I have gone through several websites and what I have concluded regarding the difference between marked with and marked by is that the former refers to actual markings, while the latter can signify some abstract concept. Yet this difference seems superficial when I think about it for long.

Which looks more appropriate of the two?

  1. The politician's speech was marked with scorn for the rival party.
  2. The politician's speech was marked by scorn for the rival party.
  • 2
    I'd agree. 'Marked with' focuses on the nature of the markings; 'marked by' focuses on the fact that there are markings. I'd say that the uncomplicated 'by' is the better choice here, paraphrase 'The politician's speech was full of scorn for the rival party.' Jan 16, 2018 at 16:26

3 Answers 3


I think there is a little more to it than the passive.

(i) It was marked by a hard, sharp object - "by" introduces the agent and the agent does the action of the verb.

(ii) It was marked with a red X - "with" introduces an item that is now combined with, or accompanied by, the subject.

The objection might be:

A: “How was that cut mark on the door made?”

B: “It was made by the murderer.”

Pedantically, B is inaccurate as murderers tend not to be sharp. It should be

B’: “It was made by the murderer’s knife.


(iii) He dug the garden with a spade.

(iv) He dug the garden with a song in his heart.

(v) He dug the garden with his wife.

All are correct and describe what/who was with him whilst he dug. In (iii) the reader assumes the instrumental, (he may have been holding a spade whilst operating a rotivator) but not with (iv) and (v).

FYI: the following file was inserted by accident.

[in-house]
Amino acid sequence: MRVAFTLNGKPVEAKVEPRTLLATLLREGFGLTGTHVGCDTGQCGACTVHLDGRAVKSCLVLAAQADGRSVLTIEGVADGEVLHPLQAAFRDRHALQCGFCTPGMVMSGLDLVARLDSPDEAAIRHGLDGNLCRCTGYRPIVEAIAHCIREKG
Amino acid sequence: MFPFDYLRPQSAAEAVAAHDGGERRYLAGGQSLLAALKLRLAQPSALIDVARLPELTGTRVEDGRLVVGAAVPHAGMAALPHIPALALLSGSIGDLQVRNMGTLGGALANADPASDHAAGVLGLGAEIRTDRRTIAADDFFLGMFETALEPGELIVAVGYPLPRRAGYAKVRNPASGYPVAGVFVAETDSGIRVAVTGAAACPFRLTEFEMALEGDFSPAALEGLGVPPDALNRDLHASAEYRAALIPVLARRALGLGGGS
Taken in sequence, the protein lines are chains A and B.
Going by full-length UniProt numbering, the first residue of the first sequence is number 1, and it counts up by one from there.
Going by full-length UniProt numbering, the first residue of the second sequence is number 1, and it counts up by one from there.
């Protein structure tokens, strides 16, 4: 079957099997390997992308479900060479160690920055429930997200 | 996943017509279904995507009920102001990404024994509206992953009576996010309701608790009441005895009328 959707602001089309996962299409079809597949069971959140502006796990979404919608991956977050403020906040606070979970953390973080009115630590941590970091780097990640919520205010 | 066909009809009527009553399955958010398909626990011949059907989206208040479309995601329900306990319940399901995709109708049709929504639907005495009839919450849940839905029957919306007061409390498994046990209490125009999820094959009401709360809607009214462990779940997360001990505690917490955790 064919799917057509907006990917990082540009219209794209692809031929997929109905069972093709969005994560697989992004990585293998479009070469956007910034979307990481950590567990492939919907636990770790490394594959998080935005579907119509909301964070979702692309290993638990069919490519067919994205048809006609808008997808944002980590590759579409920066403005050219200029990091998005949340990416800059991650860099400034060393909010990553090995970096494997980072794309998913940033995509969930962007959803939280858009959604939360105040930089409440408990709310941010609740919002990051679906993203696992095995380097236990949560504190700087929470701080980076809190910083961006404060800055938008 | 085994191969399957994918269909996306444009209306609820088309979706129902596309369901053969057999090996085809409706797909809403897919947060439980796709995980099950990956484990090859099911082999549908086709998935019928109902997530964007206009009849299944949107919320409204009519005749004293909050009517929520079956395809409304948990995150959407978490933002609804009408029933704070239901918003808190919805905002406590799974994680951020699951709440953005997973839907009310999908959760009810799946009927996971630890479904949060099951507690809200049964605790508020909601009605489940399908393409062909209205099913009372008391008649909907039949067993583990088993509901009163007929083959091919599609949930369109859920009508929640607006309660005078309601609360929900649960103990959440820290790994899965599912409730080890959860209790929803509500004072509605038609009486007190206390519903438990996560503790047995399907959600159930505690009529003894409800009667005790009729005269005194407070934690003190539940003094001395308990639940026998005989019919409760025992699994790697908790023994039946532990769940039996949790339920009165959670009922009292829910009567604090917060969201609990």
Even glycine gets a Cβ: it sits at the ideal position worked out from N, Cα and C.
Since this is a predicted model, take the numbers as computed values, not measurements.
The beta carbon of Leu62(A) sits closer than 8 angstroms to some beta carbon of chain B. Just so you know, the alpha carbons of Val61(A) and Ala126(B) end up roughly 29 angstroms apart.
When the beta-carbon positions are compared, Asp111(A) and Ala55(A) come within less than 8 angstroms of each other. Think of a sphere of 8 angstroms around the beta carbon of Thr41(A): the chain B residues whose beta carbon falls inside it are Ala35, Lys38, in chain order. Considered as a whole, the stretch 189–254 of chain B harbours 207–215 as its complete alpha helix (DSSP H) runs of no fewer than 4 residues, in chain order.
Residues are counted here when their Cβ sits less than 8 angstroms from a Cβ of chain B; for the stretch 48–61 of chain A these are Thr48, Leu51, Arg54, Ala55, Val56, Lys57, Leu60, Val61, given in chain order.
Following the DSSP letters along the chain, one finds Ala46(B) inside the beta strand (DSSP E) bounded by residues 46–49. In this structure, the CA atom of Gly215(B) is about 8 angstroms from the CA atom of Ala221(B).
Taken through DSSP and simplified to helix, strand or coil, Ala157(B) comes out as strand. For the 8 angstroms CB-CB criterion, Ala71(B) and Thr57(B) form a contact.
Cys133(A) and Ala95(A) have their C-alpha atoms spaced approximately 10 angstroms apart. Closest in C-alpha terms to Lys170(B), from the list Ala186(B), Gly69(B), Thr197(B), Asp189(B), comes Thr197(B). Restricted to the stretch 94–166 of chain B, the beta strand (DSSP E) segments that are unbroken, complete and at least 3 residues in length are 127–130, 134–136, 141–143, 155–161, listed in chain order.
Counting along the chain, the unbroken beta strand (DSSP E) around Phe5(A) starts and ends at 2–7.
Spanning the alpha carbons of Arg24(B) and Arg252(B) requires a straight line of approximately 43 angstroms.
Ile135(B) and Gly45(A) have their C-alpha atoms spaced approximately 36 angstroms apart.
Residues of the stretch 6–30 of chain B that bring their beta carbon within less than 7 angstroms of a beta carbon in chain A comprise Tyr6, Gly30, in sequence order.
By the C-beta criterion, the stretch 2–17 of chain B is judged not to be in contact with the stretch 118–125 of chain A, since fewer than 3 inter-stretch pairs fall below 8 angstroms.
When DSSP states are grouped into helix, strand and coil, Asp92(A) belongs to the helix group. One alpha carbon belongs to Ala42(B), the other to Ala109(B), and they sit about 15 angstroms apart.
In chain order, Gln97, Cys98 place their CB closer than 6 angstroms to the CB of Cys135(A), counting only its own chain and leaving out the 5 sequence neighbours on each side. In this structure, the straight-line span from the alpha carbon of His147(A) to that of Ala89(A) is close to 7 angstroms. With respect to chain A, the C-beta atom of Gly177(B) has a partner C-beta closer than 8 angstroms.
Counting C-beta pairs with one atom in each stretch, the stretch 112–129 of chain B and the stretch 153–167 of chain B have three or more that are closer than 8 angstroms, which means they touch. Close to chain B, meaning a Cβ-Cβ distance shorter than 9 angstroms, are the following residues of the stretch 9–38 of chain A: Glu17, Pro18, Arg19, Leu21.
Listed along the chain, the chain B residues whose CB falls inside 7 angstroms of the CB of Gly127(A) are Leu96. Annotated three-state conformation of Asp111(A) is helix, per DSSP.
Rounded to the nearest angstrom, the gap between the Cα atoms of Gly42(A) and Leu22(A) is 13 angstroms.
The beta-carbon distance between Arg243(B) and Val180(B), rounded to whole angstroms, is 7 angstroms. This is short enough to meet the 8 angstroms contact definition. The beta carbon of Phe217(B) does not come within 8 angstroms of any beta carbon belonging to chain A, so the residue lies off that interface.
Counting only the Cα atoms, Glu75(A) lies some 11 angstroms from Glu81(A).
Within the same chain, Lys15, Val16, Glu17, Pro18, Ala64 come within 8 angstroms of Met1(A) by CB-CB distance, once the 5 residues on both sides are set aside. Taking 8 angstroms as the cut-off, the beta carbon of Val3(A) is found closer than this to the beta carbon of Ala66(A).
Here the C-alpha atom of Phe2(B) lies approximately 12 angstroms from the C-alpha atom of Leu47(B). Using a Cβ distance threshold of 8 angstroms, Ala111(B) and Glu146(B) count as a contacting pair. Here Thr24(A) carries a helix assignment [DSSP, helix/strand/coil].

In the literal sense of the word “to mark”, the difference is obvious:

something is marked with markings (= symbols, added visuals) by the painter(s) (= the person or persons who made the markings).

Passive voice: The stone is marked with hieroglyphs by unknown ancient Egyptian carvers.

Active voice: Unknown ancient Egyptian carvers marked the stone with hieroglyphs.

So what if one uses “to mark” in a metaphorical sense?

I would use by when the thing that follows is the trigger: an emotion, such as scorn, that drives a person to behave differently than he otherwise would.

The politician’s speech was marked by scorn for the rival party.

= The politician or his speechwriter had so much scorn that they just couldn’t write a speech in which the rival party was refered to in a polite, respectable tone.

Scorn is here the driving force.

I would use with when the thing that follows is something that can be seen, heard, or sensed: not the driver of the markings, but the way the markings are visible, audible, or sensible.

The politician’s speech was marked with scorn for the rival party.

= You can just hear the scorn in the words of the speech.

Scorn is here the output. The politician’s speech was full of scorn for the rival party.


For a simple rule of thumb you could follow this: "Marked with..." refers to nouns. Specific words that exist and "mark" the text, literally.

  • "His speech was marked with anger."
  • "John, you bastard, I'm sick of suffering your crap in this hellhole."

You can see specific angry nouns: bastard, suffering, crap, hellhole. "Marked by..." refers to a characteristic or person which did the marking. It's not any specific noun but a quality you can infer about the whole text.

  • "His speech was marked by anger."
  • "John, I've had enough, I'm at the end of my patience and I'm done with this."

There's no specifically angry noun, yet the text is still "marked by" anger. In another context "marked by" could be substituted with "shown by" or "revealed by". Again showing a quality of the whole context. Whereas "marked with" is more likely to refer to "soiled with" or "polluted with".

  • "The birthday was wild fun, marked by cheering and playfulness and the host singing a tribute to her mother."

  • "The birthday was disappointing, marked with some fights and the kitchen catching fire."

The latter describes the specific markings. The former describes characteristics. So "by" is used more in passive voice and "with" used more in active voice. More information available here:


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